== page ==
Before you invest your time and money in the “Learn how to market your business in your own time, at home, in your underwear and save lots of money at the same time” fad that’s sweeping the internet – you might want to consider – can DIY marketing lessons really deliver? 6 points to think about:
- 1. Owning the book, course or template that shares the secret of how to do something doesn’t in fact mean that you’ll get it done. If it were that simple, anyone who’s read a ‘
lessons from the Fortune 500
- ‘-esque book – should by rights now have one. Sad, but true – you actually have to do the work too and that takes time.
2. Reading the materials, making sense of what’s been written and then understanding how to applythose lessons to your business – with your unique issues/structure/market/product or service in the most appropriate way is much harder than it’s ever spruiked to be.
If you’re really honest with yourself, you probably know that a template or set of instructions just can’t impregnate you with the years of experience or understanding you’ll need to do the job in a way that’s going to provide with you and your business with maximum benefits.
3. One way communication doesn’t cut it. Think back to school – did the maths teach droning on instil in you how to actually do calculus? Certainly you can be taught the right format in which to do something (like write a press release for your business), but anyone who’s ever been to one of my day-long courses on writing for the media knows it’s much more difficult in application than it looks on the surface.
Why? Well, given lots of us learn kinesthetically (in other words by doing) which means that just reading information/instructions just won’t cut it. The best part of in-person training is that you do something, have it critiqued, re-do it, get more critique, then share with other people and learn from their ideas.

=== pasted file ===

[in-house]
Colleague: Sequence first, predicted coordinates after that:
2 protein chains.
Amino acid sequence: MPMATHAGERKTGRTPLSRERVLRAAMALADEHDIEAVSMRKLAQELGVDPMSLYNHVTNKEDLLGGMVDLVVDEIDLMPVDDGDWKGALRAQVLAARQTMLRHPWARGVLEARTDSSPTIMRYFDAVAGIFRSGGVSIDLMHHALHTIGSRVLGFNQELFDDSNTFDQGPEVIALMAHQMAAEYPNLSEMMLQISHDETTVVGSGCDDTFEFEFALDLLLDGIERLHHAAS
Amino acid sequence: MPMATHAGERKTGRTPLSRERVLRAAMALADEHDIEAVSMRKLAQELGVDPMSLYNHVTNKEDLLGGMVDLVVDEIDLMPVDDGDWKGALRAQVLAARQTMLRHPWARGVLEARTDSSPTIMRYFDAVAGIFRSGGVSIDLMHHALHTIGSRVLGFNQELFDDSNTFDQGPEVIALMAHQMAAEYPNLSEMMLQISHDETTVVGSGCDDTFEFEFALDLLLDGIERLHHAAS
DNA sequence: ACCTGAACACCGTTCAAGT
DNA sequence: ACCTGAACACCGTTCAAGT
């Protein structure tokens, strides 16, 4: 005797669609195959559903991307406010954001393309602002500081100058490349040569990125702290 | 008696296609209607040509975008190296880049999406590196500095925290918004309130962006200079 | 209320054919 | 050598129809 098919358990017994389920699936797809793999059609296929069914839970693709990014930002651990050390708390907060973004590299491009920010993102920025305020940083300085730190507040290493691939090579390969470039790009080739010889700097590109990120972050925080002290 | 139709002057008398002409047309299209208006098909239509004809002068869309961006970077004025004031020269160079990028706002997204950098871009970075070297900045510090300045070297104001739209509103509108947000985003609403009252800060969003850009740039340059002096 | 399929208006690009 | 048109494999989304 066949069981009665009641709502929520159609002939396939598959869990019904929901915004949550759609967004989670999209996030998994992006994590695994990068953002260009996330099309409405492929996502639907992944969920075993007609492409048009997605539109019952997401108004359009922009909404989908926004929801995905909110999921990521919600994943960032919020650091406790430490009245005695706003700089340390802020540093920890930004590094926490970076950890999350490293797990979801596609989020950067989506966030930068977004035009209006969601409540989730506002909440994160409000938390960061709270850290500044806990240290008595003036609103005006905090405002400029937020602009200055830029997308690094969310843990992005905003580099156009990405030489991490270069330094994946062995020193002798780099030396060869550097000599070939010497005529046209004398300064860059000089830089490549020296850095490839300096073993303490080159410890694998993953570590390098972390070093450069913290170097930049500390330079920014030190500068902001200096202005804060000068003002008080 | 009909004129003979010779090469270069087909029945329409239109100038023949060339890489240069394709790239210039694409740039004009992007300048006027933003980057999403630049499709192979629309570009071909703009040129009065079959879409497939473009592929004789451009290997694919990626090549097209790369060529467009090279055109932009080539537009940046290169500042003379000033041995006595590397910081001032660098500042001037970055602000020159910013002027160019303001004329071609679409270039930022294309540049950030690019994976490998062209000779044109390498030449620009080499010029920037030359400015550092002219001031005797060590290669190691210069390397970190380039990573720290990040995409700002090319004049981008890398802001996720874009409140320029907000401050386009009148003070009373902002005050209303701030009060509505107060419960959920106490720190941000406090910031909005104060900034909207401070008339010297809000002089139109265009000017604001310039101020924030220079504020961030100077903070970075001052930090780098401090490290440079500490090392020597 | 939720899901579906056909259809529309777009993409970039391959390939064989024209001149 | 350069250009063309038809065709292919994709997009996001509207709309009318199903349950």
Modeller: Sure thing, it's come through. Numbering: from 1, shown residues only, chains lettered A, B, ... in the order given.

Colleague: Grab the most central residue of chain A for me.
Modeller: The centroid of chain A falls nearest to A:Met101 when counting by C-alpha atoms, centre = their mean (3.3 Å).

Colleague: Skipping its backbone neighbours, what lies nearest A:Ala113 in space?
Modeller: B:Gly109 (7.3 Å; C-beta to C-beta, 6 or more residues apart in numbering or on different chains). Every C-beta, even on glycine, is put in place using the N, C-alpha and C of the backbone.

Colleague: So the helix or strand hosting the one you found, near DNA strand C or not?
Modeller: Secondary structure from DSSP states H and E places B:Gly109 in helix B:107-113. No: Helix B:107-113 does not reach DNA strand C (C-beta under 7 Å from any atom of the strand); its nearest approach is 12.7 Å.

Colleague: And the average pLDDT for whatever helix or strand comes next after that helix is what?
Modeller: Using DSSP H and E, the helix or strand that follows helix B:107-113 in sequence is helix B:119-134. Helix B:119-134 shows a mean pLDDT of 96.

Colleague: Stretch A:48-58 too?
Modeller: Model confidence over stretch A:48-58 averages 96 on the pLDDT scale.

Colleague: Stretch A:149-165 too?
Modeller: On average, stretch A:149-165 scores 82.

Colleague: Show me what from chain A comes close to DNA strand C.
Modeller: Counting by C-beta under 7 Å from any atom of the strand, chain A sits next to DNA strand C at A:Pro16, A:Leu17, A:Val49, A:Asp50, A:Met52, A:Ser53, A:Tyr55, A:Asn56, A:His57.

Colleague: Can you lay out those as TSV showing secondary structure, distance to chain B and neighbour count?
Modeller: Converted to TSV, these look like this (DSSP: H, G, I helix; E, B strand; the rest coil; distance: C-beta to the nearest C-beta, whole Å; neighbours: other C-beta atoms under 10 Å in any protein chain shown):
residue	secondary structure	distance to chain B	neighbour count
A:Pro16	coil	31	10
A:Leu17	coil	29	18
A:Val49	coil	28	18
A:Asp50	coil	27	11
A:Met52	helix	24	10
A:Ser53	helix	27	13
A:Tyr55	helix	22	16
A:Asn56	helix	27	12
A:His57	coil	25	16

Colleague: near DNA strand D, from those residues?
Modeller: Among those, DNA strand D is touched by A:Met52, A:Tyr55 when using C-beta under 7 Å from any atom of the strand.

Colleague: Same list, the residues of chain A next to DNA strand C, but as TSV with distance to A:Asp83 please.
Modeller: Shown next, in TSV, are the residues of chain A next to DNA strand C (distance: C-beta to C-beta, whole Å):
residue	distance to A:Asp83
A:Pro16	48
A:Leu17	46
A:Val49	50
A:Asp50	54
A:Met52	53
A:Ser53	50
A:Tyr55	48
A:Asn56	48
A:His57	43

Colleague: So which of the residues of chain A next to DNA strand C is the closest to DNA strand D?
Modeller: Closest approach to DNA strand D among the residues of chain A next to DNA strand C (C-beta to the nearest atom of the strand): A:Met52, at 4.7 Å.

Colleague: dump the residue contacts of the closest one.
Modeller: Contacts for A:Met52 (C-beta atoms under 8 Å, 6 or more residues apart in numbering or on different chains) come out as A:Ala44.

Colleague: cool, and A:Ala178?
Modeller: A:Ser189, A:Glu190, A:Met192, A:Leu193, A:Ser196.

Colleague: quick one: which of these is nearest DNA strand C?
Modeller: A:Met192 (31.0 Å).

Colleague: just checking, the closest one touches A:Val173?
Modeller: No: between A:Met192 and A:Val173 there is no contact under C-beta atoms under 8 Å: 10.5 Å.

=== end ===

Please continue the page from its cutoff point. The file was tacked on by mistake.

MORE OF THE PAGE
4. Think about why you’re good at what you do. Most likely it’s because you’ve had a decade or more of practice at it, and more often than not, you had a goodly dollop of talent for the required skill in the first place.
Unfortunately, these days, anyone can spruik expertise at anything. At a recent function someone introduced themselves as an internet marketing expert. Intrigued, I asked how he’d come to be an expert. Turned out he’d done an 8-week course with another ‘expert’. Before you part with your hard-earned money, check out how long they’ve been practicing their craft.
5. Is the thing you’re going to invest time, dollars and energy in learning the most appropriate next step for your business? Time and again clients tell me they’re doing activity x which they’d read they should do, but it didn’t work as well as they’d hoped. It’s not that activity x didn’t work, it’s that, for their business/market/goals they should have been doing activity y instead. Prefab courses/templates can’t cover all the angles that a good marketing consultant or trainer can.
6. Given everything else you have to do in your business, do you really want to add consistently doing your marketing (planning, implementation, materials, PR, social media, blogging, etc) to the list too? Nah, didn’t think so.
Save yourself the money, the time and the frustration and either outsource your marketing activity or get some great face-to-face training with people who not only know their subject matter intimately and have decades of experience in the actual doing of it, but can also impart that knowledge in a way that works best for you.
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